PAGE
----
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Absolute Beginner's Guide to Bit Shifting?

anyone can explain me that operator << or >>

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marked as duplicate by Greg Hewgill, Michael Petrotta, KennyTM, J.F. Sebastian, BrunoLM Oct 12 '10 at 19:33

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strange, google is up for me –  matt_h Oct 12 '10 at 19:03
2  
@turdfurguson: It's actually not that easy to search for "<<" in Google. –  Mark Byers Oct 12 '10 at 19:56

4 Answers 4

up vote 30 down vote accepted

The << and >> operators are bitshift operators. x << 1 shifts all the bits in x up to the next most significant bit, effectively multiplying by 2. More generally, x << n shifts the bits up n positions. To understand how this operation works it is easiest to look at the binary representation:

3         0000011 =  3
3 << 1    0000110 =  6
3 << 2    0001100 = 12
3 << 3    0011000 = 24

Similarly the >> operator shifts the bits down:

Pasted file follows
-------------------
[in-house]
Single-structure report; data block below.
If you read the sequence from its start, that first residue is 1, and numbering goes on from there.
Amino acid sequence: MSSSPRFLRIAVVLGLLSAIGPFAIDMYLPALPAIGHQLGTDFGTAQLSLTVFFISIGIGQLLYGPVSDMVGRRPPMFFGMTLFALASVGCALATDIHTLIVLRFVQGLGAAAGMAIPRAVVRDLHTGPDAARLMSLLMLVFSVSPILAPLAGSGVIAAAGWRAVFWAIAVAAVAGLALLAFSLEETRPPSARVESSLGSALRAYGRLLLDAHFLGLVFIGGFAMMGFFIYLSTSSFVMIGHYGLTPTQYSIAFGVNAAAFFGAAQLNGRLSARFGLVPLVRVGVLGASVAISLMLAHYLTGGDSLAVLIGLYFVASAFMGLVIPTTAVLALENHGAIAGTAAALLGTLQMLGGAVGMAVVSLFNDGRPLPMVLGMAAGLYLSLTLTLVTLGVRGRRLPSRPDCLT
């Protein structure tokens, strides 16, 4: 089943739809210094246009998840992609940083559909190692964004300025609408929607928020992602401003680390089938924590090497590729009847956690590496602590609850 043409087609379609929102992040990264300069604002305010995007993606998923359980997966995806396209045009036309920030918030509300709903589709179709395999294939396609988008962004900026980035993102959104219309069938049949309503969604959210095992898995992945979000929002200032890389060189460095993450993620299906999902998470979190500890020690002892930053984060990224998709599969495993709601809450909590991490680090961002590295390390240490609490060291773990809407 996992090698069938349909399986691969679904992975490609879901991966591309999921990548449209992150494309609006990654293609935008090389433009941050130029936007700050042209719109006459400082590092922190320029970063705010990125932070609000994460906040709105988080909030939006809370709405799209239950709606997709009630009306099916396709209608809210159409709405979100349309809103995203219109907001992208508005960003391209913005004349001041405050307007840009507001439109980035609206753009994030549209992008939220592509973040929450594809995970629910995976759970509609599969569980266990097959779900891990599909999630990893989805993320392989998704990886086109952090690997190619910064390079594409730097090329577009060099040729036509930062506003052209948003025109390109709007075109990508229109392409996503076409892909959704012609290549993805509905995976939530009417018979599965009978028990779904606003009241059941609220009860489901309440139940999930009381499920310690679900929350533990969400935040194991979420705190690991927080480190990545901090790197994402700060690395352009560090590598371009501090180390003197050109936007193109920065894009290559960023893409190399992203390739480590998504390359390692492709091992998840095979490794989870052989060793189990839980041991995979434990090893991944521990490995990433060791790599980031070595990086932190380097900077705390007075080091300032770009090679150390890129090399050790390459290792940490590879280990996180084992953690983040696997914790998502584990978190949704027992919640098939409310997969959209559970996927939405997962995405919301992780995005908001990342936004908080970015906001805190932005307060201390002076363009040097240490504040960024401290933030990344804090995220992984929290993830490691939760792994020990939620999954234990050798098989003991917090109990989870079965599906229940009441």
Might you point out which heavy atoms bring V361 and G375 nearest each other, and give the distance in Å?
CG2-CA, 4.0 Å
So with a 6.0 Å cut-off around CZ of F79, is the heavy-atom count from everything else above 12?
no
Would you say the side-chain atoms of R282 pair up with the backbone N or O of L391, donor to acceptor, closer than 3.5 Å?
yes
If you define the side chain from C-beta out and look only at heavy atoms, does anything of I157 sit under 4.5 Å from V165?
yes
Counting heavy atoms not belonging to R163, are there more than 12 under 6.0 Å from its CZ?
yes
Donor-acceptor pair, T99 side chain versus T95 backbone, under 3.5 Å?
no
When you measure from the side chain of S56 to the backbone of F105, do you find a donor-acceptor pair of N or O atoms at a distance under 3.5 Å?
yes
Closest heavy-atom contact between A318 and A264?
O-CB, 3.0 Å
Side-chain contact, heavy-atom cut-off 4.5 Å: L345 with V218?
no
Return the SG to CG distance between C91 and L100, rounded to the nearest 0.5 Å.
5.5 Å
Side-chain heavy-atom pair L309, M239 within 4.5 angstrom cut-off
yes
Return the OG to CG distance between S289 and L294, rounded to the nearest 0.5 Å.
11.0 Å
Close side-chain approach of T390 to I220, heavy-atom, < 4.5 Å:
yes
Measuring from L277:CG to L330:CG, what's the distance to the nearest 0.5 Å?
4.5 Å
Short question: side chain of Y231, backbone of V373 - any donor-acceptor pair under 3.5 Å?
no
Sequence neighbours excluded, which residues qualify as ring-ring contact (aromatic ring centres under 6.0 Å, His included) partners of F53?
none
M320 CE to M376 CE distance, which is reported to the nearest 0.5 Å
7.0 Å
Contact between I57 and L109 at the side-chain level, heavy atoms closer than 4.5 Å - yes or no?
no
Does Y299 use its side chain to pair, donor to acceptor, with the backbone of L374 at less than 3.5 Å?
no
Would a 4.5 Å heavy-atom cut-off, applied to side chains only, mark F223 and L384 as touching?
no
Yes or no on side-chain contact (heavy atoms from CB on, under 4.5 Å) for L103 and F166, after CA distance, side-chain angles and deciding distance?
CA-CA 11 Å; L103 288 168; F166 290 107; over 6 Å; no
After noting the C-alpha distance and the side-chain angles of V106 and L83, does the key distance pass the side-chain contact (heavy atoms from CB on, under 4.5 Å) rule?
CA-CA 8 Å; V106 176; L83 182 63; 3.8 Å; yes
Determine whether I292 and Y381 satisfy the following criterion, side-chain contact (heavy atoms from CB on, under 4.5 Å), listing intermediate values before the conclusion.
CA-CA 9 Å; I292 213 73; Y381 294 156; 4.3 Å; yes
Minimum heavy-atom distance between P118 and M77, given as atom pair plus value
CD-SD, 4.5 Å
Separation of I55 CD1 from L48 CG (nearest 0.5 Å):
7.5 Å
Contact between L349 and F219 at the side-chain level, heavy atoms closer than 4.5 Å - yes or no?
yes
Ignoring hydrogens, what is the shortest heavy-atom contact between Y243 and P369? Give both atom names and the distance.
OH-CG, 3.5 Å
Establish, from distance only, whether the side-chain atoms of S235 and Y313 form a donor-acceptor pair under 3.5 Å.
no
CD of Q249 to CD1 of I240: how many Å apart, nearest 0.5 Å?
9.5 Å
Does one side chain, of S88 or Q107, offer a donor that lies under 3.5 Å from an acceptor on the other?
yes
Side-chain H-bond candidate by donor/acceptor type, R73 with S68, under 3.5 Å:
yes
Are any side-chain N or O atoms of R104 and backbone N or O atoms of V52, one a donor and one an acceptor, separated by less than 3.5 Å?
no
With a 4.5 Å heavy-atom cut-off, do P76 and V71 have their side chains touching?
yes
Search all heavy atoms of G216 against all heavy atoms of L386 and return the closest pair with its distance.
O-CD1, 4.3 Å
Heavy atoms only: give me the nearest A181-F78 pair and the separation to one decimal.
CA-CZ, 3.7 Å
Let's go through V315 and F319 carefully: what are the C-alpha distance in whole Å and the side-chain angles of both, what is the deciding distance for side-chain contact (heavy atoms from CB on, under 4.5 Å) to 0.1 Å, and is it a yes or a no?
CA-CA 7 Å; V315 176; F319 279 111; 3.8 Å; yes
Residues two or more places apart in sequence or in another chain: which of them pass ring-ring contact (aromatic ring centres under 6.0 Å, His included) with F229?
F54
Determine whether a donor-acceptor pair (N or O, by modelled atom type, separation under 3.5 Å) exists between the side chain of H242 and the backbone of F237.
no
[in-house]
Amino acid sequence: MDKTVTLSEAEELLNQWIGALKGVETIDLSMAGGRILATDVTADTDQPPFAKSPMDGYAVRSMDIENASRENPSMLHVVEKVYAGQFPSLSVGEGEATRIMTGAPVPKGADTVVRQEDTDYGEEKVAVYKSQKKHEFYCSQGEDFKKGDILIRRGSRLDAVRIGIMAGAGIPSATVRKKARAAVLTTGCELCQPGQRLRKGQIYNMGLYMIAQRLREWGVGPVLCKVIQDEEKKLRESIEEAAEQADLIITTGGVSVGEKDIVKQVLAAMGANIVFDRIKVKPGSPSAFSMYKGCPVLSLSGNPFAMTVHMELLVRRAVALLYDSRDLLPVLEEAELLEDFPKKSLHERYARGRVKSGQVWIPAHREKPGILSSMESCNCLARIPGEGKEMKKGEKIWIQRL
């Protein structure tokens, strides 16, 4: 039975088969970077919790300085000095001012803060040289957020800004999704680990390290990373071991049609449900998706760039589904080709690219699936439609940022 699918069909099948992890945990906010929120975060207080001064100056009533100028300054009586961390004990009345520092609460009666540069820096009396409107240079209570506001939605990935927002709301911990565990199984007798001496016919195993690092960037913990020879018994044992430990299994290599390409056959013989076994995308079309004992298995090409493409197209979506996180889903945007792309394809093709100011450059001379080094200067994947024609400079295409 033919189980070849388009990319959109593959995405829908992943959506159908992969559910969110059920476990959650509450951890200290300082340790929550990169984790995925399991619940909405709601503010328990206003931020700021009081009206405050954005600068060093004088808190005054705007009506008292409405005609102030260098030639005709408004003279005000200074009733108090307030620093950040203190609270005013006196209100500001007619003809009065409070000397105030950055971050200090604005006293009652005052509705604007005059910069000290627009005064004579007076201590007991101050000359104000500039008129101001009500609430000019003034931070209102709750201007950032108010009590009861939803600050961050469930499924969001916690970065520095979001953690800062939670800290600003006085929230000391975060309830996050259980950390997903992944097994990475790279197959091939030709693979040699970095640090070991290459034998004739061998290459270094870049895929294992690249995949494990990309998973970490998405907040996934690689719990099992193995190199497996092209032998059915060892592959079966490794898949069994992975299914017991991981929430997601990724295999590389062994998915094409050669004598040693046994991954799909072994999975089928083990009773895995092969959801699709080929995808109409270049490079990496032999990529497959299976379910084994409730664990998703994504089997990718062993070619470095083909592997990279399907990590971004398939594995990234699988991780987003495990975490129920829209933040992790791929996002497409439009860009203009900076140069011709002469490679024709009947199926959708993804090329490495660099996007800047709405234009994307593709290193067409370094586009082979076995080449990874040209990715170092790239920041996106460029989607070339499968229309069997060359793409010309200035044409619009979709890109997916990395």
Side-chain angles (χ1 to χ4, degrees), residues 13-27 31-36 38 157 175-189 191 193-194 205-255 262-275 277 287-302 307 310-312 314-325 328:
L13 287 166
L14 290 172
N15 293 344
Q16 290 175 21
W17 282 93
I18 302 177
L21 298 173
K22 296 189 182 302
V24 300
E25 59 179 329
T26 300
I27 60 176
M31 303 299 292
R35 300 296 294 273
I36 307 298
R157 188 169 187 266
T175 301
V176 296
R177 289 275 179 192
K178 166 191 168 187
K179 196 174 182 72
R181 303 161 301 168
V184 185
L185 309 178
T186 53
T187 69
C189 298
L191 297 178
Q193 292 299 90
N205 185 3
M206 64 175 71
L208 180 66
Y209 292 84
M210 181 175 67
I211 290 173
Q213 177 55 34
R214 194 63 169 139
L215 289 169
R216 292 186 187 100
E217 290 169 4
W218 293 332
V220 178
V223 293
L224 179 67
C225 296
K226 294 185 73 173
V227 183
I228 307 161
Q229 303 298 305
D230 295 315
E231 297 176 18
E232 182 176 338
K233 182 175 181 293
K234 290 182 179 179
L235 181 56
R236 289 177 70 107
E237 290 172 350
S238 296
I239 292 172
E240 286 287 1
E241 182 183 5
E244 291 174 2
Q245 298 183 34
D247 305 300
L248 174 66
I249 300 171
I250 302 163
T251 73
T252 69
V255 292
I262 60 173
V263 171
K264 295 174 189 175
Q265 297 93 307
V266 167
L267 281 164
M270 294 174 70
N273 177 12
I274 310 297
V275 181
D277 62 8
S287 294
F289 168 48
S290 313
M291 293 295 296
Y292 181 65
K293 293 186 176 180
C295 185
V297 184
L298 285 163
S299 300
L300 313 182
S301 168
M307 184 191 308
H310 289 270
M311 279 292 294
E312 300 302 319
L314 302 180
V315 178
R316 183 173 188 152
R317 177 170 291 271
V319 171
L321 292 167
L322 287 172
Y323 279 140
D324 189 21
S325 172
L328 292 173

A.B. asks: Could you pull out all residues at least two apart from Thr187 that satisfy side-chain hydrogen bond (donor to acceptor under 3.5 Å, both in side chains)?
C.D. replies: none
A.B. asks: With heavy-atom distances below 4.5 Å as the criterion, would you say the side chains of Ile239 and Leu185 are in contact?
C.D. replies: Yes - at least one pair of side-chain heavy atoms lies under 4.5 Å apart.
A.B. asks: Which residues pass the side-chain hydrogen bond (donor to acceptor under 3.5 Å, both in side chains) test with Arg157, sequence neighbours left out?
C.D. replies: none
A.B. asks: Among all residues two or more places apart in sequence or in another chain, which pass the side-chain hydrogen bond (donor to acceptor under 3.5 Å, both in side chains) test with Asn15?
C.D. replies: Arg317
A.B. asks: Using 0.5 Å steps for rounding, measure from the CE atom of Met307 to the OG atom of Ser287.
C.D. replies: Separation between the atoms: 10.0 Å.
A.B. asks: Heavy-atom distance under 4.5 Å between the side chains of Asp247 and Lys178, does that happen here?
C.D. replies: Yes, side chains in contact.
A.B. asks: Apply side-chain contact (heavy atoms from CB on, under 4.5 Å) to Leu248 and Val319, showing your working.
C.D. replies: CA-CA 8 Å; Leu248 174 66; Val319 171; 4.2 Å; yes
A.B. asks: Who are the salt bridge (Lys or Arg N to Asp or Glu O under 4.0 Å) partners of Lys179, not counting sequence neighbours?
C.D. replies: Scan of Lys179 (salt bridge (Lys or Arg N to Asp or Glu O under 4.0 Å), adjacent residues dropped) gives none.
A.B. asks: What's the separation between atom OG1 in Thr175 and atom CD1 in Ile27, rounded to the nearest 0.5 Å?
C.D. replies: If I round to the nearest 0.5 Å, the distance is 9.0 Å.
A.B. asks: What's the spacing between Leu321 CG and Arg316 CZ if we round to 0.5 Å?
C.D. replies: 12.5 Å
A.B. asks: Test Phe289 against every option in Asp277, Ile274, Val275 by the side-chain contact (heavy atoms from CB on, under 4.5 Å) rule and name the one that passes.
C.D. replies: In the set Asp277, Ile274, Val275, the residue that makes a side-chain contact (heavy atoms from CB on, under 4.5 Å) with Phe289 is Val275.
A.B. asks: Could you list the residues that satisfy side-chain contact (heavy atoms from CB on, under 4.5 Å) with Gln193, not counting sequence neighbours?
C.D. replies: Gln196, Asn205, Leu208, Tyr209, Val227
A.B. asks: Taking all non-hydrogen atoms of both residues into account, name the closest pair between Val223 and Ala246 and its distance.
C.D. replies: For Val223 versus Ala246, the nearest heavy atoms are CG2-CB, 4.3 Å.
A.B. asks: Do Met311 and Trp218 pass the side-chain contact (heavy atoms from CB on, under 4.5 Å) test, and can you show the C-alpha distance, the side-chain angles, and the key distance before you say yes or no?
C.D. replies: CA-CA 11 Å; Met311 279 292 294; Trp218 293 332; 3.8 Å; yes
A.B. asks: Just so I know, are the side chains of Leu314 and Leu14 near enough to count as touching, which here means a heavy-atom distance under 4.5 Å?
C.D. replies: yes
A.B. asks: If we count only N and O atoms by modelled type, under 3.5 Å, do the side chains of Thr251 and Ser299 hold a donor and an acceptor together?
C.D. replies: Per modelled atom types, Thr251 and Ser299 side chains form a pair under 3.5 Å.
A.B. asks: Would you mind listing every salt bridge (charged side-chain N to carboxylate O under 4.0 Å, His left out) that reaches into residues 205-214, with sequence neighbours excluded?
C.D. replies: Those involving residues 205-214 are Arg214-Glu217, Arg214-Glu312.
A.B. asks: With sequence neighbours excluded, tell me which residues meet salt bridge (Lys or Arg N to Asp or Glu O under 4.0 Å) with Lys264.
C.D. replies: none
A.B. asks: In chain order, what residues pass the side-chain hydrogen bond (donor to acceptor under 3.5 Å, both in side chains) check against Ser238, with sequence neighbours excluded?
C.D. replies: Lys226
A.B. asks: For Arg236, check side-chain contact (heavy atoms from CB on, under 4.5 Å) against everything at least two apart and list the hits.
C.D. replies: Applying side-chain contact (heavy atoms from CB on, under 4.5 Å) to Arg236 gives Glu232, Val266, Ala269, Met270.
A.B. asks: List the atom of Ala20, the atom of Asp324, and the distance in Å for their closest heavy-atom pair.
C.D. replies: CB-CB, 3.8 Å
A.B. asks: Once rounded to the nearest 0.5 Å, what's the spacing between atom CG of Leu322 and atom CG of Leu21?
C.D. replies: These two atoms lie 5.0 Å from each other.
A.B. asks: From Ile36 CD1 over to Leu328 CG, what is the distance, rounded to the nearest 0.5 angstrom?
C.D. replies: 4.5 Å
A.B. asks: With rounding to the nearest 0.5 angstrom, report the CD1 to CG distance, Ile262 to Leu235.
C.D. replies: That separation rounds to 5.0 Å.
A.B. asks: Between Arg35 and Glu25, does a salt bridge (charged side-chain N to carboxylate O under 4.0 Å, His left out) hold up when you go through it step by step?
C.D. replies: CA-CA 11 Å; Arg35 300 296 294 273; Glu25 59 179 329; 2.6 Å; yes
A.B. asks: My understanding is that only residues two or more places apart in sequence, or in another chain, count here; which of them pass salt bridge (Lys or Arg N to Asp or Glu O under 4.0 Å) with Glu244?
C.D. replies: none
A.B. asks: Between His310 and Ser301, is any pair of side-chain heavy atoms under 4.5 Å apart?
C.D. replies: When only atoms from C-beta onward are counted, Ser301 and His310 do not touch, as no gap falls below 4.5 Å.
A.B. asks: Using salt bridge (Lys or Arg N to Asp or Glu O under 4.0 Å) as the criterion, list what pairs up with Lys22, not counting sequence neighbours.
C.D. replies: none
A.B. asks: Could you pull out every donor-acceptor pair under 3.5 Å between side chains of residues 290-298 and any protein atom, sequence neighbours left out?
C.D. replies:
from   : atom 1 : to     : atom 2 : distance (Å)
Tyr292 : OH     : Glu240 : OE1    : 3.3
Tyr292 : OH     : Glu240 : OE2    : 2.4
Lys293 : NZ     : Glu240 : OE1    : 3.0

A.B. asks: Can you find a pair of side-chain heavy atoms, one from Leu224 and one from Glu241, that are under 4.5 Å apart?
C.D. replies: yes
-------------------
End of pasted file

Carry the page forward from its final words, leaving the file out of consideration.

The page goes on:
58        0111010 = 58
58 >> 1   0011101 = 29
58 >> 2   0001110 = 14
58 >> 3   0000111 = 7
58 >> 4   0000011 = 3
58 >> 5   0000001 = 1
58 >> 6   0000000 = 0
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3, in binary, is 11 and shifted to left one bit is 110, or 6 in decimal.

Think of a << b as a * (2 ** b)

>> is for right-shifting. Think of a >> b as a // (2 ** b)

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Python isn't BASIC, so a<<b would be equivalent to a*2**b or a*(2**b) (and likewise for >>. –  martineau Oct 12 '10 at 19:02
    
-1 Think of a << b as a * 2 ** b –  John Machin Oct 12 '10 at 19:02
    
@martineau of course, I was trying to write it in a more readable format. But you are right. Modified. –  Gabi Purcaru Oct 12 '10 at 19:03
    
Might be better expressed as a*pow(2,b). –  martineau Oct 12 '10 at 19:09
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@John Machin - Thanks for including the use of //. I think a lot of people are going to be surprised that / always means floating point division in Python3. –  Omnifarious Oct 12 '10 at 19:26

It's a bit shift, using a shifting operation.

Say you have a number, and looking at the lowest bits, you have 3:

0 0 1 1

If you shift it, you'll get 6, or:

0 1 1 0

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